Platform

Xms(min)

Xmx(max)

Xss(min)

solaris-sparc

2177K

3940K

96K

solaris-sparcv9

2817K

Limited by Virtual Memory

128K

solaris-i586

1025K

3108K

64K

solaris-amd64

2625K

Limited by Virtual Memory

64K

windows-i586

961K

1638K

1000

windows-amd64

2625K

Limited by Virtual Memory

1000

linux-i586

1025K

1936K

48K

linux-amd64

2625K

Limited by Virtual Memory

64K


So if you need a very large heap one should seriously consider using 64 bit platforms.

Tuesday Sep 27, 2005

We take Java performance very seriously, paying attention to details.

At Sun's Java Hotspot Development group we continually look into various ways of improving performance of the Hotspot VM and the JDK. It was noticed with SpecJBB2000, an industry standard benchmark, simulates order processing. This is typically used to measure and evaluate Java Servers. It was noted that the SpecJBB2000 creates billions of Date objects presumably to timestamps transactions. Therefore the idea came about to improve System.currentTimeMillis method and thereby improve the benchmark score on all platforms.



Using a faster javaTimeMillis implementation in the VM.


gettimeofday(3C) vs. time(2)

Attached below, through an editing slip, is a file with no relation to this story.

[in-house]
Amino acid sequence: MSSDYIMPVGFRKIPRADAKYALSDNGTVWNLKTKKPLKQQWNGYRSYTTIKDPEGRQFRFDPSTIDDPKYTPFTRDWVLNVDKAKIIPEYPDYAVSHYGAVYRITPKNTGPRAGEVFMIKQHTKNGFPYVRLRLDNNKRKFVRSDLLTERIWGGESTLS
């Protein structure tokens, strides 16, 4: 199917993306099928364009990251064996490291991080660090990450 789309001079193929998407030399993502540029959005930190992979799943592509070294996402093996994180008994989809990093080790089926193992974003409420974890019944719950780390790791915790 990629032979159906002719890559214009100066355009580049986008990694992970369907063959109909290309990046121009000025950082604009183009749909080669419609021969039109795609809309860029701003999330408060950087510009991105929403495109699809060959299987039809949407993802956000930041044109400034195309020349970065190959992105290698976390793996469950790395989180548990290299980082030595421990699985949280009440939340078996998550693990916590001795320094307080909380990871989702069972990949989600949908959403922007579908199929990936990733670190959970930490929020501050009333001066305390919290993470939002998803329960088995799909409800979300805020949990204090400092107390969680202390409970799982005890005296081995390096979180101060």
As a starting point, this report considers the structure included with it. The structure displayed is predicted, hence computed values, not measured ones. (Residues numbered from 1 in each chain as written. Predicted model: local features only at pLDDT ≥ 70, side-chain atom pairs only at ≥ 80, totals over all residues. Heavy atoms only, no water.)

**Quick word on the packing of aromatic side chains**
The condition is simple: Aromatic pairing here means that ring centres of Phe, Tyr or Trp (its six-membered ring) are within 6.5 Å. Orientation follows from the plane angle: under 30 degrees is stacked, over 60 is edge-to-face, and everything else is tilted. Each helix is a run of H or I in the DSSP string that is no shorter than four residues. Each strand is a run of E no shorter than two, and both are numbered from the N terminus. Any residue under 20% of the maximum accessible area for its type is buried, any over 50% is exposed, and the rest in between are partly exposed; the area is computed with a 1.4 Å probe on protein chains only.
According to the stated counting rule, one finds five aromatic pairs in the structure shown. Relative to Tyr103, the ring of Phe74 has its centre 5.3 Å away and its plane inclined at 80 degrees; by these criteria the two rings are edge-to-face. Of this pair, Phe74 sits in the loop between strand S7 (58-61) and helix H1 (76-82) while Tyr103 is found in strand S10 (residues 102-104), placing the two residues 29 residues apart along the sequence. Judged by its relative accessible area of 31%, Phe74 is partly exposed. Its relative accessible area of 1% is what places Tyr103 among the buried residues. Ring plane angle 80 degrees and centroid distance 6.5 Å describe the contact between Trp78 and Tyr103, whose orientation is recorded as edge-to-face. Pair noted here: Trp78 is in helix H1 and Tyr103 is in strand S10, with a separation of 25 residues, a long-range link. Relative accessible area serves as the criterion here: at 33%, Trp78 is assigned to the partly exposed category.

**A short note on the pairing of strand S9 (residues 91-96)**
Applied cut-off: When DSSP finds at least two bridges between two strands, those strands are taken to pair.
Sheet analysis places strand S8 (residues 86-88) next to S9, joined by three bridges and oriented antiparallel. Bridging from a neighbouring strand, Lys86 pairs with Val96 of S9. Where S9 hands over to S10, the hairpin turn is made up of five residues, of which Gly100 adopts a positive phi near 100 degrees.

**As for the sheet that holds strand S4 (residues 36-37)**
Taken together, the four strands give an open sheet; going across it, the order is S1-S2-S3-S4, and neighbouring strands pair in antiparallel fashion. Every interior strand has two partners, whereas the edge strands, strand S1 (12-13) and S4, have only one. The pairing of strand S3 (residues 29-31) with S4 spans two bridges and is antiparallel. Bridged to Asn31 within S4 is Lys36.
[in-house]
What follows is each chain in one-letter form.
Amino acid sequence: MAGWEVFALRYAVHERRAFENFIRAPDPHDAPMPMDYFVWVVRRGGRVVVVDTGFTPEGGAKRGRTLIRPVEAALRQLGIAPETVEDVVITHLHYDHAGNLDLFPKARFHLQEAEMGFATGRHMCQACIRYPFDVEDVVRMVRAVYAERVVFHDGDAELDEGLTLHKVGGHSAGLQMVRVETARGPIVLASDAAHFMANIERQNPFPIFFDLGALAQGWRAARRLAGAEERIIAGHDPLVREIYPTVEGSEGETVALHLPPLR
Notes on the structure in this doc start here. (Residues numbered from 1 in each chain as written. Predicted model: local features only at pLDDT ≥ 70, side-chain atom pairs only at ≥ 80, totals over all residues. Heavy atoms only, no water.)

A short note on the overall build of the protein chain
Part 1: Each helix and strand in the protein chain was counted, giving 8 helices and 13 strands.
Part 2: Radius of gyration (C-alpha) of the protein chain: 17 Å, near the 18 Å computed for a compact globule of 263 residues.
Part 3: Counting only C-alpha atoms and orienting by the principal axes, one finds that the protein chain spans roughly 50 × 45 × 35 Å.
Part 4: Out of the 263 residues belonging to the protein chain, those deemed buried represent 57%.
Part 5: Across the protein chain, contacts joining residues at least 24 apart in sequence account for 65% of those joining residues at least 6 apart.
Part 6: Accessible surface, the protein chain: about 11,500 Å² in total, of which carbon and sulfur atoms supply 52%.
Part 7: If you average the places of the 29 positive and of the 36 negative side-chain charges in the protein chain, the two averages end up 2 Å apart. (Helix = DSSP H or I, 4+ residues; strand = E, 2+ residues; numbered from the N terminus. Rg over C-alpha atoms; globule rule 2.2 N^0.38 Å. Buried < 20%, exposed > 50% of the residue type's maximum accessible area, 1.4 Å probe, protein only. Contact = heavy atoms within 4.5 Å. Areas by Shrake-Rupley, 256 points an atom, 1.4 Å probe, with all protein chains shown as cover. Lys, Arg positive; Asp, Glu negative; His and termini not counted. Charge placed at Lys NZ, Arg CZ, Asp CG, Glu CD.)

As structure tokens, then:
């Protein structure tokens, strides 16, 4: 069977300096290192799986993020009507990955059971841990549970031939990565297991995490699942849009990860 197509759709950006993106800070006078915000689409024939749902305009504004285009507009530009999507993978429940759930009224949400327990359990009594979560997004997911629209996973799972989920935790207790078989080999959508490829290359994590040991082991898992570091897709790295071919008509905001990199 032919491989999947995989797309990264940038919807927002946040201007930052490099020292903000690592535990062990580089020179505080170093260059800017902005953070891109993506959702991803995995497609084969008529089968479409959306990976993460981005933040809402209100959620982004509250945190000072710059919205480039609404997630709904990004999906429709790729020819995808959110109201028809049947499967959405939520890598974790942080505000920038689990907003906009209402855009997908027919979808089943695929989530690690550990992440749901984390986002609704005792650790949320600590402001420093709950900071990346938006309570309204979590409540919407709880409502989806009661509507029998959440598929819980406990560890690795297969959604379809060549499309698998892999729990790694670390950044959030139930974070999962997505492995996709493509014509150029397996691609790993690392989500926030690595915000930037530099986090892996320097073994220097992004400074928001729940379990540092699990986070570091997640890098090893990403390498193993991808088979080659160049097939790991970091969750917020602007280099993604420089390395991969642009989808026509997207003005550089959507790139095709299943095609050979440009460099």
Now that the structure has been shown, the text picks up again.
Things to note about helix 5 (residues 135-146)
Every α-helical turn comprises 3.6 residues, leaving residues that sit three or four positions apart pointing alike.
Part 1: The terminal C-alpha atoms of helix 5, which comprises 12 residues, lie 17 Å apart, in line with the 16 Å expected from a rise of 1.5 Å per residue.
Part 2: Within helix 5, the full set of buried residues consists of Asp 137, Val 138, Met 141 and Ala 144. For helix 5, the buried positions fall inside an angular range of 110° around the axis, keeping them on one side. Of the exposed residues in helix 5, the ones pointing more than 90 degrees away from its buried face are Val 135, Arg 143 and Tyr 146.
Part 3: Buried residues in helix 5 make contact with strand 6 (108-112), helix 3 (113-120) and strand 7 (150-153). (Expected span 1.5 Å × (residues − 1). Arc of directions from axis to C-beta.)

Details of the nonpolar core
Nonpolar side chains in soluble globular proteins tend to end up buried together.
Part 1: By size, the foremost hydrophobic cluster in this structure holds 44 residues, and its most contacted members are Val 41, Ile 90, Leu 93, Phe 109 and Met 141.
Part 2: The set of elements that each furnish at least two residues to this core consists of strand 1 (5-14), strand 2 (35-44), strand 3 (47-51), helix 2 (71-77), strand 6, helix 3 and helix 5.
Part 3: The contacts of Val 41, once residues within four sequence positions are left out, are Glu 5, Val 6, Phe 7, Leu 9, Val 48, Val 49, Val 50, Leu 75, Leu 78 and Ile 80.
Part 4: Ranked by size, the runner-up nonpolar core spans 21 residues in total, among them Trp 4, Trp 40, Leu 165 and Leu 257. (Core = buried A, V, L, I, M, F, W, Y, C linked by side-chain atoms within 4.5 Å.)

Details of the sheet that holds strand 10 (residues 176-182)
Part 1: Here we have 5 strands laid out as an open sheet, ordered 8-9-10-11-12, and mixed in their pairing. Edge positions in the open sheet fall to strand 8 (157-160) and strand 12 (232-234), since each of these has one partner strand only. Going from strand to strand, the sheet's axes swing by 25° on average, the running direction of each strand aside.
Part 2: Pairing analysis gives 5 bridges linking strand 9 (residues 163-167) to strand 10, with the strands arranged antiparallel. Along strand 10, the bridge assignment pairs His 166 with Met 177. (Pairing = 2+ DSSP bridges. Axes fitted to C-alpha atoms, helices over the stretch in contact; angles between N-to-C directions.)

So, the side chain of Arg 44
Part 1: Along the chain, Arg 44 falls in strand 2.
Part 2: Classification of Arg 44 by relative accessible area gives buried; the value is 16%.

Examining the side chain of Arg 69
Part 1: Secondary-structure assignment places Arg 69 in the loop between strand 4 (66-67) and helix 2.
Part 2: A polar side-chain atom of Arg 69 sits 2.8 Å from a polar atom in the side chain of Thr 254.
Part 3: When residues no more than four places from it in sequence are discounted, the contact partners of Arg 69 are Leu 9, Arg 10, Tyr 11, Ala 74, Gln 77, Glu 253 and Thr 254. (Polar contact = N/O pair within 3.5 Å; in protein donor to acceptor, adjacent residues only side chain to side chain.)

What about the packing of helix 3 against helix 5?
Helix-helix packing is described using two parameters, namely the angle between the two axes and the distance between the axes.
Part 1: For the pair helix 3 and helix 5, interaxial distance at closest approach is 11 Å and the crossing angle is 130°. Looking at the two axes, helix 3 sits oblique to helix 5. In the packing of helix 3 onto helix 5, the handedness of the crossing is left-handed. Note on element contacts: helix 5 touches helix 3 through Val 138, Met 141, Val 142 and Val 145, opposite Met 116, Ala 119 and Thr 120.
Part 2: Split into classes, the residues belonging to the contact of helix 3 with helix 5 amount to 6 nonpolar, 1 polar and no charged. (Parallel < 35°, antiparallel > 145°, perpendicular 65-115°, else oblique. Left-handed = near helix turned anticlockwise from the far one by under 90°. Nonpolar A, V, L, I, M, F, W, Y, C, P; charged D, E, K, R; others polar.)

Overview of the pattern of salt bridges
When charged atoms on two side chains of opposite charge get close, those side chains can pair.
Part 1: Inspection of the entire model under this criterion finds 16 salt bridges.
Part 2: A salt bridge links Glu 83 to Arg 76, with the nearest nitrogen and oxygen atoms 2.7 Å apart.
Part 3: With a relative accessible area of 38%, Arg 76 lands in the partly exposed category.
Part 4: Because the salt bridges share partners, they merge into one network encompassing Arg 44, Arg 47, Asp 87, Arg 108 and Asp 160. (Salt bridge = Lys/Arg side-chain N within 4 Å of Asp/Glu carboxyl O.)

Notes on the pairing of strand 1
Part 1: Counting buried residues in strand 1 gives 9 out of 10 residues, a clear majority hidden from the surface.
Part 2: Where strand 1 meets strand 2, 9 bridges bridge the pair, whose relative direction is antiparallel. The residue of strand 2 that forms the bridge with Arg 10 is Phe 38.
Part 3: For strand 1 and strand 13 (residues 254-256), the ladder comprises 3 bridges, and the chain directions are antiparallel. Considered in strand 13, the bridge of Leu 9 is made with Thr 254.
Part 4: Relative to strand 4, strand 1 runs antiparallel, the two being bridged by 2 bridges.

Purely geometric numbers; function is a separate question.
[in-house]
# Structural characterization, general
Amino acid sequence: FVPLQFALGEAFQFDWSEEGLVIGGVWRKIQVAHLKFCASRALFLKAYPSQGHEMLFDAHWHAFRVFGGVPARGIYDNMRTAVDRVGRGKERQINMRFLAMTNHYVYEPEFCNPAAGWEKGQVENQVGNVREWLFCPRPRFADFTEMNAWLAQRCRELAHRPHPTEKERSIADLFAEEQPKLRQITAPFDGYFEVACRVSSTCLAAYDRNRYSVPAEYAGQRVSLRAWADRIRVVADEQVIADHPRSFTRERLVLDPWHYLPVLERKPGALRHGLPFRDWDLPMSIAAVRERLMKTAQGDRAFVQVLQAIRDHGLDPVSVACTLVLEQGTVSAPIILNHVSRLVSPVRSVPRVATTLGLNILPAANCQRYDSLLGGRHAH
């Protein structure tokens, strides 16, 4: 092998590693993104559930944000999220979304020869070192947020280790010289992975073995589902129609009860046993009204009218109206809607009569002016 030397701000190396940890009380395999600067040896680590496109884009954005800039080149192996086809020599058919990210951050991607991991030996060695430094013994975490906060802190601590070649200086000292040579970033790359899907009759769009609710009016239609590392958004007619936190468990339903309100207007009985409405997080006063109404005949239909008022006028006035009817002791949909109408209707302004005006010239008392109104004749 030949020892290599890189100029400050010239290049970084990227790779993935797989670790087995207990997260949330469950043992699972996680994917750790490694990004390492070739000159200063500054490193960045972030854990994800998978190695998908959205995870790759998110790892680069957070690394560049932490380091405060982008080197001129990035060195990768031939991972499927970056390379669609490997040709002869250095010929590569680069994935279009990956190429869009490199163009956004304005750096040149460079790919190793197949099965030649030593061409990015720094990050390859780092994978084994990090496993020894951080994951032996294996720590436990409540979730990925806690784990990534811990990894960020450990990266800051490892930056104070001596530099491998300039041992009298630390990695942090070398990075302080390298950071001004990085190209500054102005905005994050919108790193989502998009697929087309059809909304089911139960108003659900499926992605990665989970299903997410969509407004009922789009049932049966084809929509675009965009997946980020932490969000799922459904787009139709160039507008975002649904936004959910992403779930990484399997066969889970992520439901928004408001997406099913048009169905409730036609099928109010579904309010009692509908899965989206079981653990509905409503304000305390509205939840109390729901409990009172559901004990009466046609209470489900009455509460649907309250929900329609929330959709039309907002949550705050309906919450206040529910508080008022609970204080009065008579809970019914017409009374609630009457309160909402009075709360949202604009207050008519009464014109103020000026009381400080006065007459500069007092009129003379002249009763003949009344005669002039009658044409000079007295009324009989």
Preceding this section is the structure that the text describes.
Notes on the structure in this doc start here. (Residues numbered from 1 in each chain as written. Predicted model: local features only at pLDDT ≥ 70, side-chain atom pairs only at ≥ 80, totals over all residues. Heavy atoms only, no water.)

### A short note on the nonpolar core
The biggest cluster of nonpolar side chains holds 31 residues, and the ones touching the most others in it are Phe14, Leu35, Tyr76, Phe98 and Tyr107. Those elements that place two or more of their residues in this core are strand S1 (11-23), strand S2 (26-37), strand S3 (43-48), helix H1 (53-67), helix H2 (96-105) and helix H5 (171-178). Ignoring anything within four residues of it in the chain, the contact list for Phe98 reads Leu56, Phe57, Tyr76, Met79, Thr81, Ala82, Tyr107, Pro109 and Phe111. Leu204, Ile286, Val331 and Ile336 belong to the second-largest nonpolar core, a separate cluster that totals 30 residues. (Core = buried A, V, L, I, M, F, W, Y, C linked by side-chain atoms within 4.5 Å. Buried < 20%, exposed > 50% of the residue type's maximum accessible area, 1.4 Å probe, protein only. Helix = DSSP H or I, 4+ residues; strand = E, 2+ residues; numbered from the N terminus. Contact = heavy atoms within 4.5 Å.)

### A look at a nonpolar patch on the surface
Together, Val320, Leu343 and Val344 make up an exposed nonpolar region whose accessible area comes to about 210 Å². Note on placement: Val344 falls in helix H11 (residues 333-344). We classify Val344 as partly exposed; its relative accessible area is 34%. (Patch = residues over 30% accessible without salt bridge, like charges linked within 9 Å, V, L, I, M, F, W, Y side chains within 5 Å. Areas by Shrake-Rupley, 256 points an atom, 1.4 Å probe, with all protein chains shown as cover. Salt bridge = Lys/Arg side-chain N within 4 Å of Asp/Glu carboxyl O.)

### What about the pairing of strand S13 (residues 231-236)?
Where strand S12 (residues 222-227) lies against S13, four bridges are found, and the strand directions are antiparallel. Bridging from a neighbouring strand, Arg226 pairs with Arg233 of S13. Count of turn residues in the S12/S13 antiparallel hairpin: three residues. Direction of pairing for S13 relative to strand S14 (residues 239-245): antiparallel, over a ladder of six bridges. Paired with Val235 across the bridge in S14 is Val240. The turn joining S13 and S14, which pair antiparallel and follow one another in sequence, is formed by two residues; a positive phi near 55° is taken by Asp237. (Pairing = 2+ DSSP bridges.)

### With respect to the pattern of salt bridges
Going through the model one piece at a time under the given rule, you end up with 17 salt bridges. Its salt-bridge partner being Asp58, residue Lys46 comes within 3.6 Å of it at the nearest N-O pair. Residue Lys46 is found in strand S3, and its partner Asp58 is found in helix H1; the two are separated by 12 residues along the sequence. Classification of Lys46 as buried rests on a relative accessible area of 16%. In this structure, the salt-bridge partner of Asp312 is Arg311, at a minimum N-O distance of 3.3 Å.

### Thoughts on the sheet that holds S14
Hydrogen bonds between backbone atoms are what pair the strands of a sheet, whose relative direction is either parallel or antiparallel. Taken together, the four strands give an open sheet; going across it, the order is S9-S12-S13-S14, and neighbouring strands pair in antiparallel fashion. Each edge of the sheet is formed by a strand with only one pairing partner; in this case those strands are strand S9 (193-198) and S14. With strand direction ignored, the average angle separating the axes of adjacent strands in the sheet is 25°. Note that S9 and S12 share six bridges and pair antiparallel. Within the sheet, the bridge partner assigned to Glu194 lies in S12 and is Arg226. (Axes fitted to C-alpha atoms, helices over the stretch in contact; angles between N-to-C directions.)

The method System.currentTimeMillis calls into the VMs javaTimeMillis which in turn calls the OS's gettimeofday(3C) on Solaris and Linux. A micro benchmark was performed to characterize the performance of gettimeofday(3C) and time(2) using identical systems Intel P4 HT, 800MHz, 256 cache, 512MB, on Solaris 10 x86 and Linux - SMP RH AS4 x86.

















 Function Linux - operation  time in milliseconds Solaris - operation
time milliseconds
 gettimeofday(3c)   0.8216   0.5347
 time(2)   0.7418  0.8572


It can be inferred from the above table, that the gettimeofday(3C) performs the best, and time(2) is marginally better on Linux, therefore swapping these calls would not yield any better performance.



Using rdtsc

rdtsc (Read Time Stamp Counter) operation on Intel processors, this appears to be very fast, however, there are several risk factors associated using rdtsc. The Intel processors keeps track of every machine tick since the start of the machine. Using the cumulative ticks, the time can be computed, by time = machine ticks / processor frequency. This sounds great, however a large SMP system may have several processors and there may be a skew in the rdtsc time values,
making the task of calculating the time, very daunting. Additionally, many x86 based processors could be switched into a power conserving (low frequency) mode, which can make the task of time calculation extremely challenging.


Since rdtsc is Pentium specific and the noted risk factors involved, this approach is not feasible.



Caching the date